Miriam Makeba passed the baton to Mbilia Bel

Six months before her passing she told Mbilia to take the touch.

In Summary

Nakei Nairobi singer was in Kenya for Koroga Festival.

Mbilia Bel
Mbilia Bel
Image: Douglas Okiddy

Legendary singer Mbilia Bel was in the country for the 28th Edition of Koroga Festival, which went down at the weekend at the Bomas of Kenya.

Mbilia told Word Is on Friday that the late South African singer Miriam Makeba asked her to take over, months before she died.

"Six months before her passing, she invited me to her home in South Africa and said to me 'Mbilia, I am tired and I am old. It's now your time to take the touch and hold it strong'," the Congolese singer said. 


"I cannot forget that. I have very warm and strong memories of Mama Africa [Miriam Makeba]." The anti-apartheid icon died on November 10, 2008, at Castel Volturno, near Naples, Italy. 

Mbilia has a new dance song called Kanyanga, which encourages people to forgive.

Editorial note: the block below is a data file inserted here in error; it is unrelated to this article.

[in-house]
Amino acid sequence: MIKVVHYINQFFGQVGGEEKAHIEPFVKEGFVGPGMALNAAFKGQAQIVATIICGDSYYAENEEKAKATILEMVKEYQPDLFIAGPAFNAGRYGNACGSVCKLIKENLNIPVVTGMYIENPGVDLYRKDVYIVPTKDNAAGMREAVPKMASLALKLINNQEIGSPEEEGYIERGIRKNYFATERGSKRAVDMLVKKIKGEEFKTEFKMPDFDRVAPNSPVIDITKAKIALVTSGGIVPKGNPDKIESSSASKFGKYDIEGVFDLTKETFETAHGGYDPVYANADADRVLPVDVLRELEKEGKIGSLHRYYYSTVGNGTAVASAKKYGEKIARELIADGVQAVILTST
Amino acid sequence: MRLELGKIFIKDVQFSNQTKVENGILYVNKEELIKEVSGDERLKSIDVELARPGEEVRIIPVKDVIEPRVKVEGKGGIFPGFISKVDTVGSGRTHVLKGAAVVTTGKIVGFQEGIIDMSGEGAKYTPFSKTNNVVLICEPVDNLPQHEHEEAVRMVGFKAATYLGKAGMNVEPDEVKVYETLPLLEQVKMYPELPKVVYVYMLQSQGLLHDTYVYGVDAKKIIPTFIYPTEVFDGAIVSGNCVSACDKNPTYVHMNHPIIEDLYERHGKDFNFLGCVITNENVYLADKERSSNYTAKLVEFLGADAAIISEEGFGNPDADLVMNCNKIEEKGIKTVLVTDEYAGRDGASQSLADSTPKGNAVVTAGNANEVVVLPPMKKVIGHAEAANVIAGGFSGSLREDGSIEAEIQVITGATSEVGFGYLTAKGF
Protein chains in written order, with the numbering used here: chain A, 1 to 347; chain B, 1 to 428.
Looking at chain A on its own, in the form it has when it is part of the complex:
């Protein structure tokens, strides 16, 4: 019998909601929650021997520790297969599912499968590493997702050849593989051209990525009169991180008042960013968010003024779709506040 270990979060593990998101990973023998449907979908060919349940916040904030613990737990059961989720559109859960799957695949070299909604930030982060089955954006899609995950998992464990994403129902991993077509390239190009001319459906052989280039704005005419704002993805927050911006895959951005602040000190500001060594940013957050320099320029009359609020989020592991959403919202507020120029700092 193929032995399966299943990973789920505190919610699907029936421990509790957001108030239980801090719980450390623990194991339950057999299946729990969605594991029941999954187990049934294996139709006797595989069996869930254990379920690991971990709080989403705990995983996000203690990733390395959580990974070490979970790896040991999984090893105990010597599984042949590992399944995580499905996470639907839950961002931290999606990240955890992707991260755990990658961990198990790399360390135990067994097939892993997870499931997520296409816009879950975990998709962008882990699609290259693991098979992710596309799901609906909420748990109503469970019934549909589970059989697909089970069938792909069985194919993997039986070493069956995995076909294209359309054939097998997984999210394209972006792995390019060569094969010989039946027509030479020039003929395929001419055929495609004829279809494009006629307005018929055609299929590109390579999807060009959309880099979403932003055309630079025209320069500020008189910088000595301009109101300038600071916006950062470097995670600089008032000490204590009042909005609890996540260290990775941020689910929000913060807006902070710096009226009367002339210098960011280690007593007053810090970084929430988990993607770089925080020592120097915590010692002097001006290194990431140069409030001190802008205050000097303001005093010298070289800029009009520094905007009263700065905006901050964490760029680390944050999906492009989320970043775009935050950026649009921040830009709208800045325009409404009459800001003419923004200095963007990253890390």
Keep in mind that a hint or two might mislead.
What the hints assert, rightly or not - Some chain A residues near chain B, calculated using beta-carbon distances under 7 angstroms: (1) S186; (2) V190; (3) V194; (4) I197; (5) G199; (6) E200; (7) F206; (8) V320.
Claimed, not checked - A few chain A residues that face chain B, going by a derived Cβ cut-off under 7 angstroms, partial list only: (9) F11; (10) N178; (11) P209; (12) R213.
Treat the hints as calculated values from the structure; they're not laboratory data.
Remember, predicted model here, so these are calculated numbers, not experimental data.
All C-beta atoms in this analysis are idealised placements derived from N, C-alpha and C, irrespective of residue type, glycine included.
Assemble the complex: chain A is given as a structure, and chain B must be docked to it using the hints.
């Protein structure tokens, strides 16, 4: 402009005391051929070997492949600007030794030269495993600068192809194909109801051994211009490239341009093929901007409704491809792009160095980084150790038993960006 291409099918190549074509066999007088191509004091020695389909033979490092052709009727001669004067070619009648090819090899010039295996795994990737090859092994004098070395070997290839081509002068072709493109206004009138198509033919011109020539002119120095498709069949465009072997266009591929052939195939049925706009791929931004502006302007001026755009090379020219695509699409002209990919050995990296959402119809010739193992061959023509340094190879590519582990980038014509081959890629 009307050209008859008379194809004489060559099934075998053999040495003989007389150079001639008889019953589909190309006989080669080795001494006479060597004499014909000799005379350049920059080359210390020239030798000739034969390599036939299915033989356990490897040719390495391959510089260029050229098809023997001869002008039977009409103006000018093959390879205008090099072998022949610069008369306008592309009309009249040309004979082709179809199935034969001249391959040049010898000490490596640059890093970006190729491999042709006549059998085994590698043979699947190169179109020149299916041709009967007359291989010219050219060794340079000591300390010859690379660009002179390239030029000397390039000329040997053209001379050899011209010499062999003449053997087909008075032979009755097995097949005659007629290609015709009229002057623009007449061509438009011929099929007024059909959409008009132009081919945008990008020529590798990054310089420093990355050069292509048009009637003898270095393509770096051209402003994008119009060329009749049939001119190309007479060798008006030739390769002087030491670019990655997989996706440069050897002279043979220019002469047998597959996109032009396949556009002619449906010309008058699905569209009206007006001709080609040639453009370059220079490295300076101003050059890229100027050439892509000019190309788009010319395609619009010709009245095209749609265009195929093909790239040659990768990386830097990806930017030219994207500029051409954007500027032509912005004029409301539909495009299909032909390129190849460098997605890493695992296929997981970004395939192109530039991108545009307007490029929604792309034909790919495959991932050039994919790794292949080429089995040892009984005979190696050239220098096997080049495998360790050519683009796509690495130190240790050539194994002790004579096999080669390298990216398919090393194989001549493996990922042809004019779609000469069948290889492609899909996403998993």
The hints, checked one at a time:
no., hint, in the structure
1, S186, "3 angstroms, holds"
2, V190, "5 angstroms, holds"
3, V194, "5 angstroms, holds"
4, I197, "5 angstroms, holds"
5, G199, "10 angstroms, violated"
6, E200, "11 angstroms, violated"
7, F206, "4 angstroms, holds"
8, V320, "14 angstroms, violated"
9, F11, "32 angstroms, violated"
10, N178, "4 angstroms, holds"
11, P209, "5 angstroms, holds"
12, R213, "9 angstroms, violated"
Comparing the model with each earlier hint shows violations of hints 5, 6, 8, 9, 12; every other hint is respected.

"When you do something wrong to somebody close to you just say sorry, that's all. Apologise," the Nadina hitmaker said.

"So there is a dance for it. An apology is one that has the power that frees everything up. God forgives us at all times, why would we not forgive others."

One of Mbilia's well-known songs is Nakei Nairobi, which she says was inspired by Lord Tabu Ley.

"I got the inspiration from Lord Tabu Ley and it's because he told me that he loves Nairobi, Kenya, because there [were] warm, nice and kind people. He thought the song was gonna be strong. So I made a song about the people in Kenya," she said.

Koroga Festival event was supported by Kenya Breweries Limited through its Tusker Cider brand.

“We were honoured to have gotten a chance to contribute to the growth of arts and culture in our country through our sponsorship,” said Christine Mwaura, marketing manager – Tusker trademark.

"We hope that even as our customers enjoy the music our local talent will exchange contacts with the international acts and get a chance to export our music to their countries as well."

Mbilia wants to leave the legacy of oneness. "I want people to remember me for being proud of being African and that my music talks about people being united and strong. I want people to remain united through my music."